The ski resort in Karakol has some cool runs, although we had no fresh snow there. Beyond the lift there is some great terrain you can get to with a short hike. But the corny snow has to be ridden differently and long big boards are definitely a must have for Kyrgyz powder. The mellow runs towards the town only offer some cruising terrain, but the scenery makes for a well worth ride.
After our first week with great food, people and mountains we had to say good bye to Azamat to meet up with the other Pogo people and friends from to check out the terrain around the 40Tribes yurts. Thankfully we could already arrange a car rental for our last week with the help from our great guide, before he had to go for his next mission too.
2. Week: 40Tribes
After the whole group got together, 40Tribes head Ryan Koupol and Ptor welcomed us in best spirits. We enjoyed the stunning view from the yurts camp, which is based around 3000m. And we even got 25cm fresh snow on that weekend as a welcome present. After the first week with not knowing where exactly the conditions are any good and a lot of questions marks, it was great to hear some proper knowledge about the local snow circumstances. And on top lots of delicious local food prepared with care by Nurbek and his helping hands.
And so, a sublime week of long runs in superdamduu, super delicious in Kyrkyz by the way, powder started….
We stayed the whole week in yurts, where the cooking happened inside and we could make fire and melt snow to get water. The yurt camp is connected to so many runs, from steep to mellow from short to long from tree runs to couloirs. Everything we could have wished for and in good conditions! I think all the skiers with that type of snow, especially Ptor, secretly wished to be snowboarders.
Intensive Yatzee plays at night and a lot of good vibes. The routine each day was great food, lots of touring, lots of sprays and lots of laughs. I have to say thanks to that great crew (Peter, Kurt, Martin, Jost, Ptor, Ryan, Farmer Moen, Nurbek, Ben and Tim)!
A remarkable time in an unforgettable landscape off the grid had to come to an end, which was honoured with a swim in the swan fountain and some great dancing!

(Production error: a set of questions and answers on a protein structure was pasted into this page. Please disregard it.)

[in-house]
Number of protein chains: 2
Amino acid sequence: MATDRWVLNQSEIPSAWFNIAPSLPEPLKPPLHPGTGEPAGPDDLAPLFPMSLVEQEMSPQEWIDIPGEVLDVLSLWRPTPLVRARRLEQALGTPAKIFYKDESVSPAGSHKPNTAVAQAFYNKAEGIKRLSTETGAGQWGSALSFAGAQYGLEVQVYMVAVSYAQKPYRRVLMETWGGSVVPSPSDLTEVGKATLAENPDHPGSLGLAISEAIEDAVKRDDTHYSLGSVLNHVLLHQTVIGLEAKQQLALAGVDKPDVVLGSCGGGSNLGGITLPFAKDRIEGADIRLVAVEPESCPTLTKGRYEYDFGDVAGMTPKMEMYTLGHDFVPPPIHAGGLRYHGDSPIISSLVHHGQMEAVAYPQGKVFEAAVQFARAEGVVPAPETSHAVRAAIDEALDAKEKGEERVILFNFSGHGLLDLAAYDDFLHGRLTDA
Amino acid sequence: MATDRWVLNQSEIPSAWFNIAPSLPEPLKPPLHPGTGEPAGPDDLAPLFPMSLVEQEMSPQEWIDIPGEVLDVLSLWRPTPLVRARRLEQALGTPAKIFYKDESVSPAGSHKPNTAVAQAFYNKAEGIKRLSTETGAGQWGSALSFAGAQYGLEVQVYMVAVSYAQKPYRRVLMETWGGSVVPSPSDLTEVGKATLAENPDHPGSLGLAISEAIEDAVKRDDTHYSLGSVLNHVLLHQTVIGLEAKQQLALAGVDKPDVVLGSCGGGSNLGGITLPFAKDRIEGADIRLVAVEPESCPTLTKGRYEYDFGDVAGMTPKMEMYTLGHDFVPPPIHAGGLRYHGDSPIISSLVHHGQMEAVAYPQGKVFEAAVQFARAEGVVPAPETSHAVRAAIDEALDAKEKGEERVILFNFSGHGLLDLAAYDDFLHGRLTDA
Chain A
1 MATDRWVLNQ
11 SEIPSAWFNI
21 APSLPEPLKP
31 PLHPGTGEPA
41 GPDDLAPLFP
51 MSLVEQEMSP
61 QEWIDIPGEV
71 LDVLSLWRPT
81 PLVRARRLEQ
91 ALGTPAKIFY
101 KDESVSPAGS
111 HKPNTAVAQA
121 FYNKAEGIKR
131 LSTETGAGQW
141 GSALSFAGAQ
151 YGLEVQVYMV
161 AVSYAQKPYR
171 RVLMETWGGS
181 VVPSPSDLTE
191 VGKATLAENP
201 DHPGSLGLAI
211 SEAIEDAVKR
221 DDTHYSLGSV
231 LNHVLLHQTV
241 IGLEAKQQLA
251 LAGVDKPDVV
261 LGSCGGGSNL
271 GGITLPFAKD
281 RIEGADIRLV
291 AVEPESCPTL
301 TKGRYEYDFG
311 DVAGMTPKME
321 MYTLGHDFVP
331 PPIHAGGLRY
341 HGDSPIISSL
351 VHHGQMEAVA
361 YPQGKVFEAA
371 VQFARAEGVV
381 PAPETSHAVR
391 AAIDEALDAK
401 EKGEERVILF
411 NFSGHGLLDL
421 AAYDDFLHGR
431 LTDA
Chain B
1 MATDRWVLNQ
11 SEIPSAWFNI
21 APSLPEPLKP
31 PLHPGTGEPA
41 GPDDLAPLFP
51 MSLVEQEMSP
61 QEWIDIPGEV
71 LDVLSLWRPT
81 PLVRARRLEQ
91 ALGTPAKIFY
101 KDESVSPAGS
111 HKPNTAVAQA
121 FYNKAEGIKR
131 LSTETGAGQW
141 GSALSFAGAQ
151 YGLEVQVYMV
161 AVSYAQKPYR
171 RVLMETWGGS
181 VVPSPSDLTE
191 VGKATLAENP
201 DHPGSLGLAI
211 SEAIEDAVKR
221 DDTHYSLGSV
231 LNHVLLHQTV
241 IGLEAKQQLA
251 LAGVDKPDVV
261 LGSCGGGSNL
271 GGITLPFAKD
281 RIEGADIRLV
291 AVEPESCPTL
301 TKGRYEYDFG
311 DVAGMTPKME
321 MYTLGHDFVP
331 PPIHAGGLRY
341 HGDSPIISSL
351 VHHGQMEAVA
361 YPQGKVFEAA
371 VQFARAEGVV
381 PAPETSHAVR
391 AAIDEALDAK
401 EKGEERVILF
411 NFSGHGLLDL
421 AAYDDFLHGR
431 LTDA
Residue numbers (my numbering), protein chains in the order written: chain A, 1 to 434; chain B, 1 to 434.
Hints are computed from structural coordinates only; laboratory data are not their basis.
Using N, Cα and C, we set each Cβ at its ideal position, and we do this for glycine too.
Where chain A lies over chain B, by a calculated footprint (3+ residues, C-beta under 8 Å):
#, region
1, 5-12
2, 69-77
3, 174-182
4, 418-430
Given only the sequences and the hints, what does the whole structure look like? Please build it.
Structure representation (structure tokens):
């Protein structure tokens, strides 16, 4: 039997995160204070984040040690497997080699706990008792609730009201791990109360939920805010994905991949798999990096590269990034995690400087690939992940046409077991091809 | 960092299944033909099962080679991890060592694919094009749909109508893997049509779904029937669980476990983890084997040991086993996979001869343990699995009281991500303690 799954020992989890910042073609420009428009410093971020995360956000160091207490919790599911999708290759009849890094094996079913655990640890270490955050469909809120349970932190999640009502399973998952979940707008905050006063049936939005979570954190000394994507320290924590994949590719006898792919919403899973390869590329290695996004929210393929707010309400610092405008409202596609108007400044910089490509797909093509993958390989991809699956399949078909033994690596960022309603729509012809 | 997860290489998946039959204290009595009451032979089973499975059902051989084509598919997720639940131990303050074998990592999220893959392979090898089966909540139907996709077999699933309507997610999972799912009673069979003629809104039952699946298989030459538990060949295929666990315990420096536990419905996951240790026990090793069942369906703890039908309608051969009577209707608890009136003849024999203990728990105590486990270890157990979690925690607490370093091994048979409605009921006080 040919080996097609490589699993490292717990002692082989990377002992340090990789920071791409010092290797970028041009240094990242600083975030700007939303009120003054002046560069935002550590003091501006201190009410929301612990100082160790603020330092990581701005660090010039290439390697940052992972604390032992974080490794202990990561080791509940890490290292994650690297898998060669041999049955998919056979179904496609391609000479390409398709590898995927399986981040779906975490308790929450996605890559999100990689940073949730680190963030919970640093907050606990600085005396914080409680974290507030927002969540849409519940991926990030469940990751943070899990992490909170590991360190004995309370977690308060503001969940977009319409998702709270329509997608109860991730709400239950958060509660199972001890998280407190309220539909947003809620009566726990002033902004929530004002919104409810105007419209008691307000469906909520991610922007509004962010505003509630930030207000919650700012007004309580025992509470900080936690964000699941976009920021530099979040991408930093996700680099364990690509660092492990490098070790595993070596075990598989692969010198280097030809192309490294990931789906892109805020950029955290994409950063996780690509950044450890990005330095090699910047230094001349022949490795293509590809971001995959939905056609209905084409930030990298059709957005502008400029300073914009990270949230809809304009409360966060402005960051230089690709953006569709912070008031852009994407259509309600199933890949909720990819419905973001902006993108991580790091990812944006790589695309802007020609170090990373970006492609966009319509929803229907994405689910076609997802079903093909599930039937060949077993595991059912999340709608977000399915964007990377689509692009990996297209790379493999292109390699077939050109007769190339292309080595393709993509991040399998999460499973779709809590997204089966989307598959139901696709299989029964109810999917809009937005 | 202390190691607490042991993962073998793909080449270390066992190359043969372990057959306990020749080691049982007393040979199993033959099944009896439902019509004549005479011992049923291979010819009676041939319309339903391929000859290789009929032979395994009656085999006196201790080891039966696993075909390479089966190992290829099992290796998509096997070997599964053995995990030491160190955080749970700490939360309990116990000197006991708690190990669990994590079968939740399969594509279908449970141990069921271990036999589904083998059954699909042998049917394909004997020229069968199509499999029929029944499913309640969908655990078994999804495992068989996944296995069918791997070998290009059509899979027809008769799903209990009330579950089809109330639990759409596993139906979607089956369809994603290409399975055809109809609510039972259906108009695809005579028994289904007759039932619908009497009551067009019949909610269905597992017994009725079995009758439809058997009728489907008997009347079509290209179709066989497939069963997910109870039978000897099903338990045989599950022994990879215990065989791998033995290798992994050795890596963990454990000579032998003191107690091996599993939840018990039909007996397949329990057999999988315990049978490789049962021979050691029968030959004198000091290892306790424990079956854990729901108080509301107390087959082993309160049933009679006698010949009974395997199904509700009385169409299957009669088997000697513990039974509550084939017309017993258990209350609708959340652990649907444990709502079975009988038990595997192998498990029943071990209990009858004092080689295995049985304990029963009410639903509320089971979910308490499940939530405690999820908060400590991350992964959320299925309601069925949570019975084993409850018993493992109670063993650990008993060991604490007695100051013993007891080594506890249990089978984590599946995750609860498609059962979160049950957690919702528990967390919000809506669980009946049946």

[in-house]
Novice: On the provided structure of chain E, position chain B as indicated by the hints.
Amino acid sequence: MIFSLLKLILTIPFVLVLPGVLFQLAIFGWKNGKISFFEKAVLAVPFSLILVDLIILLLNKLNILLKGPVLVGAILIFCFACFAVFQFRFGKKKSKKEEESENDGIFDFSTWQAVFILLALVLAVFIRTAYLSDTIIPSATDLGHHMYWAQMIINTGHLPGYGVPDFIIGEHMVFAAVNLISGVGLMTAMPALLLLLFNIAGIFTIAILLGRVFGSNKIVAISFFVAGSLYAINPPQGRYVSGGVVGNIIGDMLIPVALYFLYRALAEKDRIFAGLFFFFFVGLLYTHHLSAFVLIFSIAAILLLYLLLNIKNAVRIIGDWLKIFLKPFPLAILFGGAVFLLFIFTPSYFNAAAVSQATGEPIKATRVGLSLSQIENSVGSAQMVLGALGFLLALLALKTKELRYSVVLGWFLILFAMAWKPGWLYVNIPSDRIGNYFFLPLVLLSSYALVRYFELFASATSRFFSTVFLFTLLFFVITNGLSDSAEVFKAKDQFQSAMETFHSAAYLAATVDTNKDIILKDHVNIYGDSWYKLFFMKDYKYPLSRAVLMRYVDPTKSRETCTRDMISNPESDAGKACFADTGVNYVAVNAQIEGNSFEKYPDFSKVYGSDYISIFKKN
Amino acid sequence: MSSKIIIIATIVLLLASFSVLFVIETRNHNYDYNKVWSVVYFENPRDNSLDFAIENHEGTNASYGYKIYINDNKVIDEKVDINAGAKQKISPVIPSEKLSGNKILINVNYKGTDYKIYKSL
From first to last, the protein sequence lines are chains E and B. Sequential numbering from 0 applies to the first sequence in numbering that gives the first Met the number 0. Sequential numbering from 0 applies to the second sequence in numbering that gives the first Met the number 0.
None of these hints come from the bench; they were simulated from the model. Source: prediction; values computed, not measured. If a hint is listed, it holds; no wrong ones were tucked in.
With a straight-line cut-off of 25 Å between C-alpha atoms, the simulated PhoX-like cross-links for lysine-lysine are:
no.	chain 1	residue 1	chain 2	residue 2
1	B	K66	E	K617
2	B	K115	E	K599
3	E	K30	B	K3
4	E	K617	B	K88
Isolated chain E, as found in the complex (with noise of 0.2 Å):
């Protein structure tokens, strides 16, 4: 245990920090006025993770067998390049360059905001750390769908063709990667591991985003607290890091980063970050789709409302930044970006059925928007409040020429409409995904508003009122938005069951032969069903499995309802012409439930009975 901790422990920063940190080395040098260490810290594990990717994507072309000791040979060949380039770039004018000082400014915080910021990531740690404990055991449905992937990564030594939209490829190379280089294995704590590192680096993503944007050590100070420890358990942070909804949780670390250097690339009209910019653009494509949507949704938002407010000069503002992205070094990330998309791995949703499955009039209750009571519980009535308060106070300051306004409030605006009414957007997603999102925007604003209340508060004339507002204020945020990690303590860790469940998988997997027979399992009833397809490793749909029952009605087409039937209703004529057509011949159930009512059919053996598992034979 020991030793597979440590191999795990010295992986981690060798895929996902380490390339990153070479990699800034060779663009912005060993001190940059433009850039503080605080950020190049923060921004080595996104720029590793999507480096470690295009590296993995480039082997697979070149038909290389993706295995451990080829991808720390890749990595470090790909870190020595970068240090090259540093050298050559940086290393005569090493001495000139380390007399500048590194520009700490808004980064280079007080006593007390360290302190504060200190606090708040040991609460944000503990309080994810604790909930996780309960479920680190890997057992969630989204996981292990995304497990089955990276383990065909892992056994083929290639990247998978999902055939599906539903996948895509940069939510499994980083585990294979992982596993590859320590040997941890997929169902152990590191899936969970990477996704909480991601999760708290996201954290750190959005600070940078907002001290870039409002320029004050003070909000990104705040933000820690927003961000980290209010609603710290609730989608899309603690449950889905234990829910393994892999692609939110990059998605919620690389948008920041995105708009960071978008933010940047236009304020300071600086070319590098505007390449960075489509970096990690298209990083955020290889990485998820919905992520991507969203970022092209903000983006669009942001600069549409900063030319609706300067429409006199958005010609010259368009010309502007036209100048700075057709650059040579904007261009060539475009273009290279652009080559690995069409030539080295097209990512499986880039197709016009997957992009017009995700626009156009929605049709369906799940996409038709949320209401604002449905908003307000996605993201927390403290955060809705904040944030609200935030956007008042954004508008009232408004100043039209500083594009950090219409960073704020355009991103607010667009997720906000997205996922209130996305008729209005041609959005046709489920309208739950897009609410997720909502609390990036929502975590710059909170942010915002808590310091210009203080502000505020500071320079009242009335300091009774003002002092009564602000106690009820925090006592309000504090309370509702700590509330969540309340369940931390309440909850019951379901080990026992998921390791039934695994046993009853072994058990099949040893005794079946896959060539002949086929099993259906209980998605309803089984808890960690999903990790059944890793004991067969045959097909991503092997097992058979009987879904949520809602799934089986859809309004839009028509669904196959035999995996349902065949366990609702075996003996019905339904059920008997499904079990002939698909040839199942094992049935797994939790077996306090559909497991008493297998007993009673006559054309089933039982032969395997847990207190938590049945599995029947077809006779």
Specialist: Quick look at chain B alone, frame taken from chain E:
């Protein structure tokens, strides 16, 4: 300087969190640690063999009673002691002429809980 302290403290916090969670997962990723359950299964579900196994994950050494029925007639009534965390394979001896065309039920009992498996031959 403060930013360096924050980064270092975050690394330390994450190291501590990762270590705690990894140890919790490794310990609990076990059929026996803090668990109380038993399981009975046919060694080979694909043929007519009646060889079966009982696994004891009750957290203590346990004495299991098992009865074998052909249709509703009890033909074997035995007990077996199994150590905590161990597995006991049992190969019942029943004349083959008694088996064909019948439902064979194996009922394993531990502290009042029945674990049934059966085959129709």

3. Week: On the road without Azamad
Back to Bishkek we had to say good bye to our other crew members and got our car. On the next day we left to Suusamyr. We travelled west and as we got closer to the Too Ashu pass we asked ourselves if we made the right decision? It got more and more dry and there was no snow anymore…
Luckily after we passed the peak to the Suusamyr valley, that changed quickly from nearly zero to 150cm of white gold. There is a ski resort at the Too Ashu pass, but it was closed at that time. So we hiked up to the closest peak/ridge to have a really nice run. The snow conditions were quite different then in the east. No corny snow, rather what we know from the Alps. There are more short runs, but with great pillows and little ridges.
We still had to find a place to sleep and there is no AirBnB and there was no Azamad. But we managed to find someone, during -20°, who could understand our 2 words Russian and body language, and explain that we need some food and a place to stay. Once more we found a cozy home with welcoming tea.
The next morning, we really could grasp the beauty of the snow-covered elevated plain of sussamyr before going up to the Too Ashu pass again to check out more fun terrain to play with. Tim and Ben challenged themselves with powdersurfing over and between the pillows, while i went solo for a small peak.
Every trip has to come to an end and so we spent our last day in Bishkek, strolling around Osh market checking out more food and realizing that Bishkek is another world in comparison to the little villages in the mountains.
Kyrgyzstan seems like to have endless mountain ranges, so it probably wasn´t our last time splitboarding there!
Azamad Joumashov, Kargan Voyage